YouTube ran ads from over 300 companies on extremist, white nationalist channels: Report
Earlier this year, YouTube pledged to demonetize videos that contained “inappropriate content,” but a recent CNN investigation has revealed that advertisements from over 300 major companies have continued to appear before videos depicting extremist, white nationalist or other hateful content.
Content featured on those channels include videos promoting white nationalists, Nazis, pedophilia, conspiracy theories, North Korean propaganda, among other things, CNN reports.
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According to reports, many of the companies were not aware that their ads were being run on videos of this nature and said they’d be investigating how they wound up there. Incidents have cropped up over the past year that have sparked questions about YouTube’s ability to monitor ad placement on its platform.
Companies that advertise on YouTube have the option to target ads according to user base and demographic. CNN also reports that companies can stop their ads from appearing on videos posted by specific channels, and can select a “sensitive subject exclusion filter.”
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For the past year, YouTube has repeatedly come under fire for extremist content on its platform, and more recently, for allowing those channels to monetize their videos. In response, several companies have scaled back their use of YouTube advertising, while others have pledged to abandon the platform.
Sportswear company Under Armour, for example, told CNN that it would be working with YouTube to prevent this from happening after the company was notified that its ads had appeared on a video posted by a white nationalist channel entitled “Wife With A Purpose.”
“We have strong values-led guidelines in place and are working with YouTube to understand how this could have slipped through the guardrails. We take these matters very seriously and are working to rectify this immediately,” a spokesperson for Under Armour said.
According to Fortune, YouTube’s parent company, Google, had the potential to lose as much as USD$750 million in revenue from advertisers boycotting YouTube. Several major companies, including Johnson and Johnson, PepsiCo and McDonald’s, had already pulled their ads from the site.
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20th Century Fox released a statement Friday stating that all the appropriate filters were in place when the company discovered its ads had appeared on videos posted by a “self-described Nazi.”
“YouTube has once again failed to correctly filter channels out of our marketing buys,” the statement read. YouTube has since deleted the offending channel, but the Hollywood studio says it has unanswered questions about how it happened in the first place.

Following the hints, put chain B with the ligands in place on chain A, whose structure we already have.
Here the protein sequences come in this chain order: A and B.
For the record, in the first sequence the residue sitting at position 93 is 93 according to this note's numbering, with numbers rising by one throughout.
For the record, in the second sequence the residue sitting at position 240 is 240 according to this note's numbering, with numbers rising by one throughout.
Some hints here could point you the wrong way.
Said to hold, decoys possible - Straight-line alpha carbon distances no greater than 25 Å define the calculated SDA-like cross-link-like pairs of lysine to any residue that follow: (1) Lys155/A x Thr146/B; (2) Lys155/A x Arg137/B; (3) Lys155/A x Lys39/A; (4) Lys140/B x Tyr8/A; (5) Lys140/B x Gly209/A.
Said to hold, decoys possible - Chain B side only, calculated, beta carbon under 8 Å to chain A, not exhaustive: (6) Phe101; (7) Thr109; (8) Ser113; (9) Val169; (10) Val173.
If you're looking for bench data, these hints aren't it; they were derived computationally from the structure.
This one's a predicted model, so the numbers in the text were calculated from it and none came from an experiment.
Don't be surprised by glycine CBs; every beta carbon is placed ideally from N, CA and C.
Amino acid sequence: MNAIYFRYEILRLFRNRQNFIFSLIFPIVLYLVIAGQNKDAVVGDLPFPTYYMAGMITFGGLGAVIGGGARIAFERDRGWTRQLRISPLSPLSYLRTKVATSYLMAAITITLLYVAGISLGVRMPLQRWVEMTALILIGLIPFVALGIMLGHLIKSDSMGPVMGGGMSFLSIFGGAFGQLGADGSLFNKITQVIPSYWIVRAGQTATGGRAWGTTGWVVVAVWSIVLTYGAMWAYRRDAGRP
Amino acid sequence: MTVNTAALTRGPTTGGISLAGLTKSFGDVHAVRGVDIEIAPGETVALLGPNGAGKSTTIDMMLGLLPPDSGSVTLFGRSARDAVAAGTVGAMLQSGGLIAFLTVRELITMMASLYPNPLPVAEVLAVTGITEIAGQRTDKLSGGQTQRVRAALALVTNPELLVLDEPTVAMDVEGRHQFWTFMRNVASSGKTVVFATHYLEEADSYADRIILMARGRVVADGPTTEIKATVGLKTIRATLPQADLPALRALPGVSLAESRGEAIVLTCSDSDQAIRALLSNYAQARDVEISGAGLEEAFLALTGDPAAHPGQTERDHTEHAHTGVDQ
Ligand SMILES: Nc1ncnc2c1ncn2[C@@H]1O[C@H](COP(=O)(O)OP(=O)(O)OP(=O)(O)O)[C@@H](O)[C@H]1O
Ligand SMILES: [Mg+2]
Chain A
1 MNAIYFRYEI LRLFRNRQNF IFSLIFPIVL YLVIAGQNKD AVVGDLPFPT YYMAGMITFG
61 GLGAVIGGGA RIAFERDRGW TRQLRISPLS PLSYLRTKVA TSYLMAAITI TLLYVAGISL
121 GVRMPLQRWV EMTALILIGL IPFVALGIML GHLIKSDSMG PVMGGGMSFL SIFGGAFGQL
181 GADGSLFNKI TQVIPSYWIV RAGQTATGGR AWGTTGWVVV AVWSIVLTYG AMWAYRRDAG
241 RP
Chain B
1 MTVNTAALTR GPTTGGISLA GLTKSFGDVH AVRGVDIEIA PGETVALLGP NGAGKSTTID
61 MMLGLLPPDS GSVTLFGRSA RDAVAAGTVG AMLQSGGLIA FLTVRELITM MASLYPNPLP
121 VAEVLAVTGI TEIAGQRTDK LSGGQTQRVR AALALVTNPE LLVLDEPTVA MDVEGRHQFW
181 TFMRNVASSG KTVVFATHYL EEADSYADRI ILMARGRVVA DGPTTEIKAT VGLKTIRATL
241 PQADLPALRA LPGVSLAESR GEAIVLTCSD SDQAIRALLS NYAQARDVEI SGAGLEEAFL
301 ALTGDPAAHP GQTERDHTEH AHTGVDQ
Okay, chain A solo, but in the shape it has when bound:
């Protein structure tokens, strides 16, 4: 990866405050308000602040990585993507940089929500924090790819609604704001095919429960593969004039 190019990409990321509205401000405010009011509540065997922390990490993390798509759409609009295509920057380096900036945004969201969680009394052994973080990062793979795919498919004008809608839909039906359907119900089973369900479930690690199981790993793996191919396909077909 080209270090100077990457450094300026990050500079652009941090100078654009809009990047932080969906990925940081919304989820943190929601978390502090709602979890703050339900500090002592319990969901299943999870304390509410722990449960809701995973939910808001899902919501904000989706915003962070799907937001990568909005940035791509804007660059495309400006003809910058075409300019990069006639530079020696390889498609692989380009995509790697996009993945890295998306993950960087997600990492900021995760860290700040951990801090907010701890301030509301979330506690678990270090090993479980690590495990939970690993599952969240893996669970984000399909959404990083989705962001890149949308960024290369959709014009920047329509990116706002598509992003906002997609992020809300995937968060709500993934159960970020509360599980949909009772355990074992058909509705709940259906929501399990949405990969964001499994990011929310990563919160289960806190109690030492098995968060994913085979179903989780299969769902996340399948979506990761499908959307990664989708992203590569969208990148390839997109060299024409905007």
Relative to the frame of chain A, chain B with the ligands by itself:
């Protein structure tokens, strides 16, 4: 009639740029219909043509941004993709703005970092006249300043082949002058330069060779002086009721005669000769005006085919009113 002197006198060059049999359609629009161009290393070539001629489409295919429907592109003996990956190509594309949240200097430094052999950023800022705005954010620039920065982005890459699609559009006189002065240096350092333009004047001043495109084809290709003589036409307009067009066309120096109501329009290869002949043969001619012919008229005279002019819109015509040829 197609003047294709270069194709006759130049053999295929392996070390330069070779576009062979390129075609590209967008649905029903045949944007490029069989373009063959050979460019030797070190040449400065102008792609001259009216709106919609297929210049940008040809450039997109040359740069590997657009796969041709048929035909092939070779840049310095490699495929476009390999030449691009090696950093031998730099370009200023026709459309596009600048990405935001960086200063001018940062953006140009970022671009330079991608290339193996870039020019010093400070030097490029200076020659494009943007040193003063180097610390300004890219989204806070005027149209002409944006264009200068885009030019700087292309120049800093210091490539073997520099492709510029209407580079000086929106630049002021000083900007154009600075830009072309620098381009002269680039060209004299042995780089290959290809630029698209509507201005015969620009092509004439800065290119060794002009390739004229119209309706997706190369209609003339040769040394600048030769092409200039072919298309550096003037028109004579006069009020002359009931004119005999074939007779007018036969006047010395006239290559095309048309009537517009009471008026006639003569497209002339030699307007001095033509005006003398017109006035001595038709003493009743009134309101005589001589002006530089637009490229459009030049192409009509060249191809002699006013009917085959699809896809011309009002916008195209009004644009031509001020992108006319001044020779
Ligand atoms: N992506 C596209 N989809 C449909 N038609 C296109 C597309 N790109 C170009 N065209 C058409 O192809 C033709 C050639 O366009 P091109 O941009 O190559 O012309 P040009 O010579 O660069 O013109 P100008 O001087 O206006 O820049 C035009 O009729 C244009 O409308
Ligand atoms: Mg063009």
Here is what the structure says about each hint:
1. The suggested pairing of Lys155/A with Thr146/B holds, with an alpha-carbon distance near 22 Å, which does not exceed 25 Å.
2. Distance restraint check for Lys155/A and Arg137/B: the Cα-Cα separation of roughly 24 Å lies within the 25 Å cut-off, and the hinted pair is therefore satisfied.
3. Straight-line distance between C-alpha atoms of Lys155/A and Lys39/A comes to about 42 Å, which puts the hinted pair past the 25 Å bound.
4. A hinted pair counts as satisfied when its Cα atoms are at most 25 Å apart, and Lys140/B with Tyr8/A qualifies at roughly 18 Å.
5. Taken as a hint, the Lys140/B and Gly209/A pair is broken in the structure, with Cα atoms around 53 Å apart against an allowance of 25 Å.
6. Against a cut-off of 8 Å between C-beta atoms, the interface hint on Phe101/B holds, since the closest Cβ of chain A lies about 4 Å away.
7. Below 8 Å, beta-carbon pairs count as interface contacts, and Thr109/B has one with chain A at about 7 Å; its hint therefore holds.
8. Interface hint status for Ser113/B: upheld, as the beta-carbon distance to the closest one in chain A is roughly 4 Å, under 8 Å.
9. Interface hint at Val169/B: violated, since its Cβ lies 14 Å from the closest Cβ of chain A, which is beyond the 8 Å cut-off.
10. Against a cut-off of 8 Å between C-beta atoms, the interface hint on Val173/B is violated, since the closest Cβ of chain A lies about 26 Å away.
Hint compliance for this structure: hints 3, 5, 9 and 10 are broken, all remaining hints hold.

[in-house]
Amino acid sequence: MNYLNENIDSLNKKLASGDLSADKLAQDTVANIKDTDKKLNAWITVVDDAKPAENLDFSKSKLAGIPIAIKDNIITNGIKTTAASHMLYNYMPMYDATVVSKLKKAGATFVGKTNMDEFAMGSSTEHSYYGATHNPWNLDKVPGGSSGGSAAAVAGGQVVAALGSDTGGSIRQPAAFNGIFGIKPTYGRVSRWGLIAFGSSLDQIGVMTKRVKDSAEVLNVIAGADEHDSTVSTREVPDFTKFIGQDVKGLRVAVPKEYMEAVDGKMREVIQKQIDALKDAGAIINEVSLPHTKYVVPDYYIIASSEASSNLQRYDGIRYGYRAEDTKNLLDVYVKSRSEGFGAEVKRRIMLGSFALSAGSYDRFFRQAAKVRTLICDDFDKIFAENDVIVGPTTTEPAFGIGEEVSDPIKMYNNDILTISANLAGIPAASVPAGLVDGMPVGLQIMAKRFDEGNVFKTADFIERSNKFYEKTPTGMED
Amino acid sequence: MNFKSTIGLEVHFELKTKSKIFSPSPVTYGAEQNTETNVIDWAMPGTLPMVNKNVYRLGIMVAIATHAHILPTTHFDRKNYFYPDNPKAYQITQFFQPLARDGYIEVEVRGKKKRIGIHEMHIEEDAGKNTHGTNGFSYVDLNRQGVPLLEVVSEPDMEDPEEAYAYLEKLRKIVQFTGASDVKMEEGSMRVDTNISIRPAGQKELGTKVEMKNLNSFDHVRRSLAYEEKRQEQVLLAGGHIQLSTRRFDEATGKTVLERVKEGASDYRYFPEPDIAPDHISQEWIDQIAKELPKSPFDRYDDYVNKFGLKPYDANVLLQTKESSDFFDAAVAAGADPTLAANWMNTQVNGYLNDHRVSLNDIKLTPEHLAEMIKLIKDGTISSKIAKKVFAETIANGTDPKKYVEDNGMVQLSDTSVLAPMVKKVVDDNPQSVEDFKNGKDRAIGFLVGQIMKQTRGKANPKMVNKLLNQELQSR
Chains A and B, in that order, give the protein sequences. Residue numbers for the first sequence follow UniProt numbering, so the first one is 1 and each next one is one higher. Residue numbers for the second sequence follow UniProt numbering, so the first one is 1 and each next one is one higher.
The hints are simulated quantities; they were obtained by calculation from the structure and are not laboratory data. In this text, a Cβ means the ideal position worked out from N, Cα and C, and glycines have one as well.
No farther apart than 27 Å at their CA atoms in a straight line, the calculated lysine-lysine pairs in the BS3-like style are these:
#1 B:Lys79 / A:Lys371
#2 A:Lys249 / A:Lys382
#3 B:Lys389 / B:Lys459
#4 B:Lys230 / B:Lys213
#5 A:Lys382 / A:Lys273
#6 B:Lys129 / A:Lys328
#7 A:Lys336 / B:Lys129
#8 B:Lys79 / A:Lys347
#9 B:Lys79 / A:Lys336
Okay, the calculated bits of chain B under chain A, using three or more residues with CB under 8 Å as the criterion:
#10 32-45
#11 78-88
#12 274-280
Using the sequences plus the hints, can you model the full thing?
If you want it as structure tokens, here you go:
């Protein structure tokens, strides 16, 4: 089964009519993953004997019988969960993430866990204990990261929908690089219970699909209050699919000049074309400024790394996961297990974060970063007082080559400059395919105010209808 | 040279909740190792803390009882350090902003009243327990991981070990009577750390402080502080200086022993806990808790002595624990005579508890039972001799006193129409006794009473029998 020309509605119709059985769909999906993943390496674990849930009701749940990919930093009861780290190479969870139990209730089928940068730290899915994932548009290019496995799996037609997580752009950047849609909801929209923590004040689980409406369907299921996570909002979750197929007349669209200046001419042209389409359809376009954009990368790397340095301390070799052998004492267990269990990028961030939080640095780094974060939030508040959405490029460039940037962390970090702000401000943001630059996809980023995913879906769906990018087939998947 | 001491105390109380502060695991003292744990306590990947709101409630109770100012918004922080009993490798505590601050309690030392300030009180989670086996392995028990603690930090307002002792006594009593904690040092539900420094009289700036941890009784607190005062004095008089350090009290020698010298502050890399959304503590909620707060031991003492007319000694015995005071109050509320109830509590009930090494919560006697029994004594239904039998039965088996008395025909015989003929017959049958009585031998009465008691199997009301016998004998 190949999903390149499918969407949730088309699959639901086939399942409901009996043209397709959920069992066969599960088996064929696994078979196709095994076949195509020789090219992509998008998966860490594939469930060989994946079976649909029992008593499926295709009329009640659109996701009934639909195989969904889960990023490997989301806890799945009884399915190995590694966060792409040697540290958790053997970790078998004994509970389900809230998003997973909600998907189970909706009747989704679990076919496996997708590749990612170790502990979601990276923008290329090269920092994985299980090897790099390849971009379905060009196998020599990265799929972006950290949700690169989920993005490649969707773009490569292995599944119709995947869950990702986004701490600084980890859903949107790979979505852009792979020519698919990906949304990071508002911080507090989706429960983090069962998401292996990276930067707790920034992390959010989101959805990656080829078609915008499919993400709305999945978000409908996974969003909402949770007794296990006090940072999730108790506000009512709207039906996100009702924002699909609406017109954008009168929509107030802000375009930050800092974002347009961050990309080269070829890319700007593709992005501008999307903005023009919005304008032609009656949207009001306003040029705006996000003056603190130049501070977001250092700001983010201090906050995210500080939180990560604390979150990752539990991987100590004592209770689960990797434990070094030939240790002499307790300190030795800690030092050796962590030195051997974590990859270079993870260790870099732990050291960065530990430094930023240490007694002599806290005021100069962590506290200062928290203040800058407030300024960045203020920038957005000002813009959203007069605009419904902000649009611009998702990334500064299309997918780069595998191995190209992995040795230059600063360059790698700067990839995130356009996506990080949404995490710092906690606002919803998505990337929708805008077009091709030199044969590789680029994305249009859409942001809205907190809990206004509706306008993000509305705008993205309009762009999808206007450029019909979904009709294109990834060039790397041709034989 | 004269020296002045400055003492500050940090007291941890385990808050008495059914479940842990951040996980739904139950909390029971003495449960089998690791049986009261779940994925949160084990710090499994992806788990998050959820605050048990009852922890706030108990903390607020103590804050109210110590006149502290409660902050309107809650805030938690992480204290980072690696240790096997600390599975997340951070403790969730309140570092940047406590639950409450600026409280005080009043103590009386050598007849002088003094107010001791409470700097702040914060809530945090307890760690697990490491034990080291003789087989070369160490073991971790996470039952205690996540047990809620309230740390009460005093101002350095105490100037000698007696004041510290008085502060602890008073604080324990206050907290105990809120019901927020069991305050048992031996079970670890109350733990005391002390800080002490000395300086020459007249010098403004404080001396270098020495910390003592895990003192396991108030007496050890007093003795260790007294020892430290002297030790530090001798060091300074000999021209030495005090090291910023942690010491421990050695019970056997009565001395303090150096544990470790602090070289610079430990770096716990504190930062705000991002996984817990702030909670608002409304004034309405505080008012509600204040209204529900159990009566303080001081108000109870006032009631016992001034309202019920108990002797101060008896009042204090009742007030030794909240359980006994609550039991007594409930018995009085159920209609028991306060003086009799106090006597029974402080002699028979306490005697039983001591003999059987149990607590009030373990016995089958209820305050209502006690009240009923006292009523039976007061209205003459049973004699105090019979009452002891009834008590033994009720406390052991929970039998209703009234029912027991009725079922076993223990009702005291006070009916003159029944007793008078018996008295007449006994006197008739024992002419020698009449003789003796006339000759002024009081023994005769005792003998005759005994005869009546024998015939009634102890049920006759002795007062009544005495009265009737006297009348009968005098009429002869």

“All of our filters were in place in order to ensure that this did not happen,” Fox said, adding it has asked for a refund of any money shared with the “abhorrent channel.”
The investigation was published in the middle of Facebook’s latest data controversy, which began with an academic app that collected the data of over 50 million Facebook profiles without explicit user consent and led to the discovery of how much data Facebook had quietly scraped from its users’ mobile devices over the years.
Both Facebook and YouTube have been pelted with questions about their ability to exercise control over the content that appears on their platforms, and some experts are predicting that YouTube’s parent company, Google, will be the next to come under fire.
“I absolutely think that Google is next and long overdue,” said Josh Golin, director of the Boston-based Campaign for a Commercial-Free Childhood, which asked the Federal Trade Commission to investigate Google-owned YouTube’s advertising and data collection practices earlier this month.
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When asked for comment, YouTube provided the following statement:
“We have partnered with our advertisers to make significant changes to how we approach monetization on YouTube with stricter policies, better controls and greater transparency. When we find that ads mistakenly ran against content that doesn’t comply with our policies, we immediately remove those ads. We know that even when videos meet our advertiser-friendly guidelines, not all videos will be appropriate for all brands. But we are committed to working with our advertisers and getting this right.”
Global News reached out to YouTube/Google for additional comment but has yet to hear back.
-With a file from the Associated Press.